Sunday, September 27, 2009

Guest Blogger: Poet Franklin Abbott

Please welcome my dear friend Franklin Abbott as guest blogger today! Franklin and I were members of the same writing group, The Ninth Muse, for many years. Franklin is a poet who has several books of poetry in print. Franklin has a wonderful habit of writing poems on the spur of the moment and then emailing those to all his friends. Several years ago, I started a file in my email just to save all of his work. I often go back and re-read his poems.

Franklin's latest book of poetry is PINK ZINNIA, available now at, through Amazon and Barnes and Noble and through special order from your favorite independent bookstore. Franklin will be giving readings at three of them this fall, as well as at Outwrite in Atlanta on October 6th, DogEar Books in Madison, GA on November 14th and Charis in Atlanta on his birthday, December 8. Soon to be operational: .
Leave a comment below and Franklin will have a drawing at the end of the week. One lucky person who leaves a comment will receive a FREE copy of PINK ZINNIA!
Q: Welcome Franklin! Please tell us about your new book, Pink Zinnia.
A: This is my first book in a decade. I started writing in earnest again after joining our writing group, The Ninth Muse. Thanks to you and the current muses for giving me encouragement, inspiration and a forum to begin again after a long dry spell. The book is a collection of different kinds of writing: meditations, stories, word portraits, lamentations, humor (lots of humor), politics and dreamscapes.

Q: You have been writing poetry for a long time, and I'm often amazed at how your poems resonate with something that is going on in my own life. Talk some about your poetry-writing process and where you get your inspiration.
A: I am inspired by all kinds of things, nature, relationship, the big events of life from falling in love to dying, travel, the news, the need to connect. I rarely write unless a stroke of inspiration falls me. I can write purposefully if moved by an event like my grandmother's funeral or to eulogize a friend. Only one poem, "Miss Monroe," was written at the request of a publisher. Often the poems come out 95% the way they end up. I just sit down and write like I breathe, it is that essential. It is also relational. Being a psychotherapist for thirty years has tuned me into the people I know in profound ways I often don't understand. I write about my psychic friend, Kay Harrison in one of the stories. I once asked her how she knew what she knew and she said,"It's easier than you think." I am often tuned in to others in ways I am not fully conscious of and don't quite understand. Its like having an extra band on the radio, AM, FM and PM (p for psychic and my psychic doesn't give readings but writes poems).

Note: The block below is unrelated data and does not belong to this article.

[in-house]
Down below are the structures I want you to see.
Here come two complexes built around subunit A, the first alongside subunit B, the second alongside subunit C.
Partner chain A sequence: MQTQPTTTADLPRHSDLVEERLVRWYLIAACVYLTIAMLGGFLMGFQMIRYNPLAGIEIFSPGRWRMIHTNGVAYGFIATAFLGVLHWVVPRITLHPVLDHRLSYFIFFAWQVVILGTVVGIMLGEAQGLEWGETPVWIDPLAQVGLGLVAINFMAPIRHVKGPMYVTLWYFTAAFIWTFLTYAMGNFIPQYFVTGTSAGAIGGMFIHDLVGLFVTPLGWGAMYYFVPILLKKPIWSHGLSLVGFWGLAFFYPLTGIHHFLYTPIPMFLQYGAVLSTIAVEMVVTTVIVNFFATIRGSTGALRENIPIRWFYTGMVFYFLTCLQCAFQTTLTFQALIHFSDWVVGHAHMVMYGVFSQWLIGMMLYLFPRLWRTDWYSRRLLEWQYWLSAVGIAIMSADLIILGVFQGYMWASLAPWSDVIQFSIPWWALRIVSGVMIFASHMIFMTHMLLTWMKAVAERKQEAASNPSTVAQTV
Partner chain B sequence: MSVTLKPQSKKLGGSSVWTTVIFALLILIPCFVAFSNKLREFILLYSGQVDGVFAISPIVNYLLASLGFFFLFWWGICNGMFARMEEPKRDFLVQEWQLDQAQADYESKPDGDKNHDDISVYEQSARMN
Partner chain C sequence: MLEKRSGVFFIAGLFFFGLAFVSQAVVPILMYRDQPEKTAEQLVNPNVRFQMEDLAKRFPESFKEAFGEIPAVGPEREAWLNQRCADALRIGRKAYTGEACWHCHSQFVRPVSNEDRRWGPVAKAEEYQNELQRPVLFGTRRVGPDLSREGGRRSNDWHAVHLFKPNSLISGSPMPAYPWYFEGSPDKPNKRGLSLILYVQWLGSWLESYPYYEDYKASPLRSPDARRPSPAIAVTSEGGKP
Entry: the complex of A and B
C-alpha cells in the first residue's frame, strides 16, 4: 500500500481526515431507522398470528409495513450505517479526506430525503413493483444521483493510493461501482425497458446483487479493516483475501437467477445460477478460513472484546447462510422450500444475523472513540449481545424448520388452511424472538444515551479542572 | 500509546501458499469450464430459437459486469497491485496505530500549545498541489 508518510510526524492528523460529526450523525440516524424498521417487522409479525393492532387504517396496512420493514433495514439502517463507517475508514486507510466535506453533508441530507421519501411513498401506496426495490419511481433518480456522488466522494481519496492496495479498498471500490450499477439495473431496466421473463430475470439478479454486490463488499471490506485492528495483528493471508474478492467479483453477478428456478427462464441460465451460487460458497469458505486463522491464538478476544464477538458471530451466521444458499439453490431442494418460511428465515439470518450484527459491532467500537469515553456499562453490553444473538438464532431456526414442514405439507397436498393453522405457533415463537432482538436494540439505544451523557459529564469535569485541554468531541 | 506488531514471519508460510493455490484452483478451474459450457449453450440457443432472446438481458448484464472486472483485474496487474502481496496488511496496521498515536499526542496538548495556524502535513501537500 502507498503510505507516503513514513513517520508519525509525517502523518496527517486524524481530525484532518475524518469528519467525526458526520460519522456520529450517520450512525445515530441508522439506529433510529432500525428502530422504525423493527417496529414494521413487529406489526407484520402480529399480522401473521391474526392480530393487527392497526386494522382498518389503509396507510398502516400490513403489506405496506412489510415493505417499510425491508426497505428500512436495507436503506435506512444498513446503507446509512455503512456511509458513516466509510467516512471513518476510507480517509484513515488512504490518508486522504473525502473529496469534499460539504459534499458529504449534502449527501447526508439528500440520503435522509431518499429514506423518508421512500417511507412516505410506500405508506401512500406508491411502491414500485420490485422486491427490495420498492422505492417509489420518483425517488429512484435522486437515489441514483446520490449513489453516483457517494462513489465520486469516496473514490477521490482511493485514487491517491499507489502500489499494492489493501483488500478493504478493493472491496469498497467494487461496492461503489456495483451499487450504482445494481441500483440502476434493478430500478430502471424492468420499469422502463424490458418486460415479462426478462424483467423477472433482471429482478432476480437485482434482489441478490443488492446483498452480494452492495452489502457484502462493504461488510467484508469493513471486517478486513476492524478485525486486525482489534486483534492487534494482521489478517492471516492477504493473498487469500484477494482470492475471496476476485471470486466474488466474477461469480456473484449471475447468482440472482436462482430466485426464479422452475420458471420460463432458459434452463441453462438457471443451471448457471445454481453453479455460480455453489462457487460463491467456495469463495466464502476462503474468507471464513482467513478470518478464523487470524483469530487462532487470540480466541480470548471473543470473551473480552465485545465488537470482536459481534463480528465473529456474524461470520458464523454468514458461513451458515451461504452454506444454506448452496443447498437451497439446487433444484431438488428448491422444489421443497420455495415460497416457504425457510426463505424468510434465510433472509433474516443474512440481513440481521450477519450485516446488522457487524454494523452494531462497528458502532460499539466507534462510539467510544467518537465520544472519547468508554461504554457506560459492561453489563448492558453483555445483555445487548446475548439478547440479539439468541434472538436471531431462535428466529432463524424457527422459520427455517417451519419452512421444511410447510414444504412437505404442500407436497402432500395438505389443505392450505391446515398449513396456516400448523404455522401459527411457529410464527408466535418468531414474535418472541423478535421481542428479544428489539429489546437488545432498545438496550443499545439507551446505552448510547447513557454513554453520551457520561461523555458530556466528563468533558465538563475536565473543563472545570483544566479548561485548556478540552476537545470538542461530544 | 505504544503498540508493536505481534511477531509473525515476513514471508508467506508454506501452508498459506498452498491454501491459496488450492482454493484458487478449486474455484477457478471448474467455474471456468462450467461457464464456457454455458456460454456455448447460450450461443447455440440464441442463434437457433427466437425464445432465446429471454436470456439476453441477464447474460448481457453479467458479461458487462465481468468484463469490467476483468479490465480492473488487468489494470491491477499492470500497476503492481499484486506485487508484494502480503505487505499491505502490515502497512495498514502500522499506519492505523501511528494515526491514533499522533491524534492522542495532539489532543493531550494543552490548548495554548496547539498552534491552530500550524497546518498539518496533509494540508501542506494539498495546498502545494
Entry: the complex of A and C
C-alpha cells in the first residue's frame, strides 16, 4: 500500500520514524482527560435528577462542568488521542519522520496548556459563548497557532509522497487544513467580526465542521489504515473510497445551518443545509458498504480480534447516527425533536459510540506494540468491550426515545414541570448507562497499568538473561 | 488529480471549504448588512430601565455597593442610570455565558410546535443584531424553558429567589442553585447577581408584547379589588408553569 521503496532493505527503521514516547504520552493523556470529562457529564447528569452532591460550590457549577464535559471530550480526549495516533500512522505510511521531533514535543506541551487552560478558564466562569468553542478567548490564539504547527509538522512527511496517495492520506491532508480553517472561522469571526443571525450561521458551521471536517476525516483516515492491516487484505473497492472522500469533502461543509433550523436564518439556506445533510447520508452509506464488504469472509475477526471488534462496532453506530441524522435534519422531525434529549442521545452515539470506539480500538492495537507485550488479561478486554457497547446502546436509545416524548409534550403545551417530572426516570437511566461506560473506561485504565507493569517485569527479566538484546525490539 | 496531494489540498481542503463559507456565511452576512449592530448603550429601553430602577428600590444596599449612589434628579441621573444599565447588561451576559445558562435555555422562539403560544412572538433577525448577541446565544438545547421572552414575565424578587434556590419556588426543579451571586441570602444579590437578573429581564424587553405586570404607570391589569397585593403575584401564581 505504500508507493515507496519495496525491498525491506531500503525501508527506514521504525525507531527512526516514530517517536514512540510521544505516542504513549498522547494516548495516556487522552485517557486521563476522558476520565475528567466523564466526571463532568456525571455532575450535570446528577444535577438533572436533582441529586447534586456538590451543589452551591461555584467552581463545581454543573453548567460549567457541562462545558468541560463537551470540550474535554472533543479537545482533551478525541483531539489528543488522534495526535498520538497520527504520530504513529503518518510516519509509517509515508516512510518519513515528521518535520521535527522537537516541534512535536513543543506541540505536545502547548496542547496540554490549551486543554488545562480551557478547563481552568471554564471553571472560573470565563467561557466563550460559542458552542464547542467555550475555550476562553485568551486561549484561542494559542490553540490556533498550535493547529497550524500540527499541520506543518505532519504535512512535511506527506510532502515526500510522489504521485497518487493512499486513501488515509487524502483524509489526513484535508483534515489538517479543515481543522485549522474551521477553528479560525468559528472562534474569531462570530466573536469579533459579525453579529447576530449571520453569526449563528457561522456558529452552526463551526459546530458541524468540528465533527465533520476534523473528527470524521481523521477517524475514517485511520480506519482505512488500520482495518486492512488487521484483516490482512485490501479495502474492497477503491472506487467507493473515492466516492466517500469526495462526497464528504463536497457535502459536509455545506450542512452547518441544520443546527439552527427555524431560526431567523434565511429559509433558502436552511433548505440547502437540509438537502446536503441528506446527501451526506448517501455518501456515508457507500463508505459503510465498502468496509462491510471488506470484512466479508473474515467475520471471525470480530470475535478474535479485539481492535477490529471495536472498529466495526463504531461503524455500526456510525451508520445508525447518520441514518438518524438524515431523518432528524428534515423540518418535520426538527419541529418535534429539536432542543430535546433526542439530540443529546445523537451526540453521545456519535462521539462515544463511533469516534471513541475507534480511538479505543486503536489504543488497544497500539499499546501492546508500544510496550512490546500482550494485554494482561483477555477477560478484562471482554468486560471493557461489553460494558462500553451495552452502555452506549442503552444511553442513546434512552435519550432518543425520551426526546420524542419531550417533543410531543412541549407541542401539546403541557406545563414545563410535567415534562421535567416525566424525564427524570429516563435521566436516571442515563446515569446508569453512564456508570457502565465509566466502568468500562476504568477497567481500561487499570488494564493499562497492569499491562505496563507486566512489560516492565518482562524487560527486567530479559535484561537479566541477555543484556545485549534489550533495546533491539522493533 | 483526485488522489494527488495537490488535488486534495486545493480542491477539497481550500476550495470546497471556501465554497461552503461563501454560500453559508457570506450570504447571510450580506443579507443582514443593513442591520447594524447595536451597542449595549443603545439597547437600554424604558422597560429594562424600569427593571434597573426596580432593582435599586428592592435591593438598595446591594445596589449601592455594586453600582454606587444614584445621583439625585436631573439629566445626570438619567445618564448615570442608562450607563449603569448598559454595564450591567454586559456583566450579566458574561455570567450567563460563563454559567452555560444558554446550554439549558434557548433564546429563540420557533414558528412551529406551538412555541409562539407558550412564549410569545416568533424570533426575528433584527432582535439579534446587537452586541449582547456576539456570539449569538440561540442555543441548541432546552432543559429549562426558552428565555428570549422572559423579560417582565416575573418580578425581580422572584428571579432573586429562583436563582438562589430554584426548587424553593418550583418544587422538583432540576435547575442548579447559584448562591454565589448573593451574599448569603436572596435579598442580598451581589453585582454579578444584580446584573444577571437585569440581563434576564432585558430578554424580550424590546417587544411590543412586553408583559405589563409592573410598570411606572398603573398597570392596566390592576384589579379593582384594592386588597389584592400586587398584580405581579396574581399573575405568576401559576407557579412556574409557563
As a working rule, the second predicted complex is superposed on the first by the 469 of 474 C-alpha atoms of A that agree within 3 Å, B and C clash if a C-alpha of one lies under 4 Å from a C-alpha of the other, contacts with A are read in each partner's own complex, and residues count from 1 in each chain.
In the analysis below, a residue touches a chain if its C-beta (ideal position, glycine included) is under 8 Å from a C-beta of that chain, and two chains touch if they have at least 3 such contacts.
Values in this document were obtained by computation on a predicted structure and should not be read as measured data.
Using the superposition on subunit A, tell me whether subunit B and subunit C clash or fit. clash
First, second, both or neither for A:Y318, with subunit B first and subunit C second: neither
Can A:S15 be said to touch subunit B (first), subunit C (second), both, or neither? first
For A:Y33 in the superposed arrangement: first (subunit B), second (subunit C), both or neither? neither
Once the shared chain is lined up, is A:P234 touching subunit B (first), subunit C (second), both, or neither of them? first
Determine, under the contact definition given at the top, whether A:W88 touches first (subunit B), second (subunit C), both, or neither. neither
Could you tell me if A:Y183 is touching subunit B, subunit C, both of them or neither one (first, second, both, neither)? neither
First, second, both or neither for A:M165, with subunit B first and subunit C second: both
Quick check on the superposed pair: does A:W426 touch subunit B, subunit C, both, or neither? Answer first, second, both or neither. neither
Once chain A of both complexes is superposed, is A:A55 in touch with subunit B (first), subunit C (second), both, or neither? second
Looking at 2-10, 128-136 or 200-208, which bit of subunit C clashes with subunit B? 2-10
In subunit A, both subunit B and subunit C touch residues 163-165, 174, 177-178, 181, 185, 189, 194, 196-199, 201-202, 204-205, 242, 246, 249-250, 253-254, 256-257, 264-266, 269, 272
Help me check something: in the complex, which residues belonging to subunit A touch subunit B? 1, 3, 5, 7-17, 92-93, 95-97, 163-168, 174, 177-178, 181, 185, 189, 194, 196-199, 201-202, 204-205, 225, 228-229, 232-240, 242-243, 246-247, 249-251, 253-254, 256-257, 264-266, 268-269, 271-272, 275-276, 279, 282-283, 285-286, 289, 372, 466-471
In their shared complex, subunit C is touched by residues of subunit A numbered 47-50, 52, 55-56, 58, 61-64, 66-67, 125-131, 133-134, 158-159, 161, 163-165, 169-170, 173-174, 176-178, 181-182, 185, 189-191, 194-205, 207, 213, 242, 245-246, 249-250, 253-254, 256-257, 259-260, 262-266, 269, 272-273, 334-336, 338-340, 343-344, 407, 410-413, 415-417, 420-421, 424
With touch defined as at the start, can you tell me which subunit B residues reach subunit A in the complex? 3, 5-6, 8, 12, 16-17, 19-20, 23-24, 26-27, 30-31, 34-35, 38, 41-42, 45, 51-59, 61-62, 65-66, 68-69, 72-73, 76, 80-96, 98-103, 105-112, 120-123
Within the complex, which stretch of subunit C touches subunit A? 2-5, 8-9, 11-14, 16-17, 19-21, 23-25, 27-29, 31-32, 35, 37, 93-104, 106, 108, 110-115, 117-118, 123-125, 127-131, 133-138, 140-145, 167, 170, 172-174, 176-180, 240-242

Q: Pink Zinnia was inspired by your grandmother. What was she like? Was she also a poet?
A: My father's mother who I called Nana lived to be 101 and was independent until she was 98. So I had the great good fortune to know her into my 50's. She was a simple woman with little more than an elementary school education. She wrote very little but was a poet in the kitchen and in the garden. She loved to cook, grow things to eat and grow and arrange flowers. Pink was her favorite color and she grew more zinnias than any other flower. I am currently working on a film about my grandmother that should be on YouTube soon, called, of course, Pink Zinnia.

Q: What is the hardest part about being a poet? What's the best part?
A: It is the same thing. Poetry is no way to make money and therefore poets are free to write as they please, as little or as much, as good or as bad, as often or as seldom. To be sure, some are driven but the riches they seek are usually teaching positions or tenure, maybe a prize but no one makes much money except maybe Rumi who died 500 years ago and is en vogue in translation.

Q: Can you share a favorite stanza or entire poem from this latest collection?

A: This one is a favorite of my nephew John Abbott:
It is about a "good death."

like a lump of sugar
in a cup of milk
when my time is nigh
may I dissolve
into the mother light
that gave me birth
(where I belong
in the Milky Way)
when I see the light
may I not blink
in the face of love
but let myself go
all of me
every particle
into that
abiding wave

Thank you for being with us today, Franklin, and good luck with PINK ZINNIA


  1. Ah, Franklin, when I read your poems I experience truth I knew but didn't know I knew and that become apparent in ways that take my breath away. Knowing you is a joy.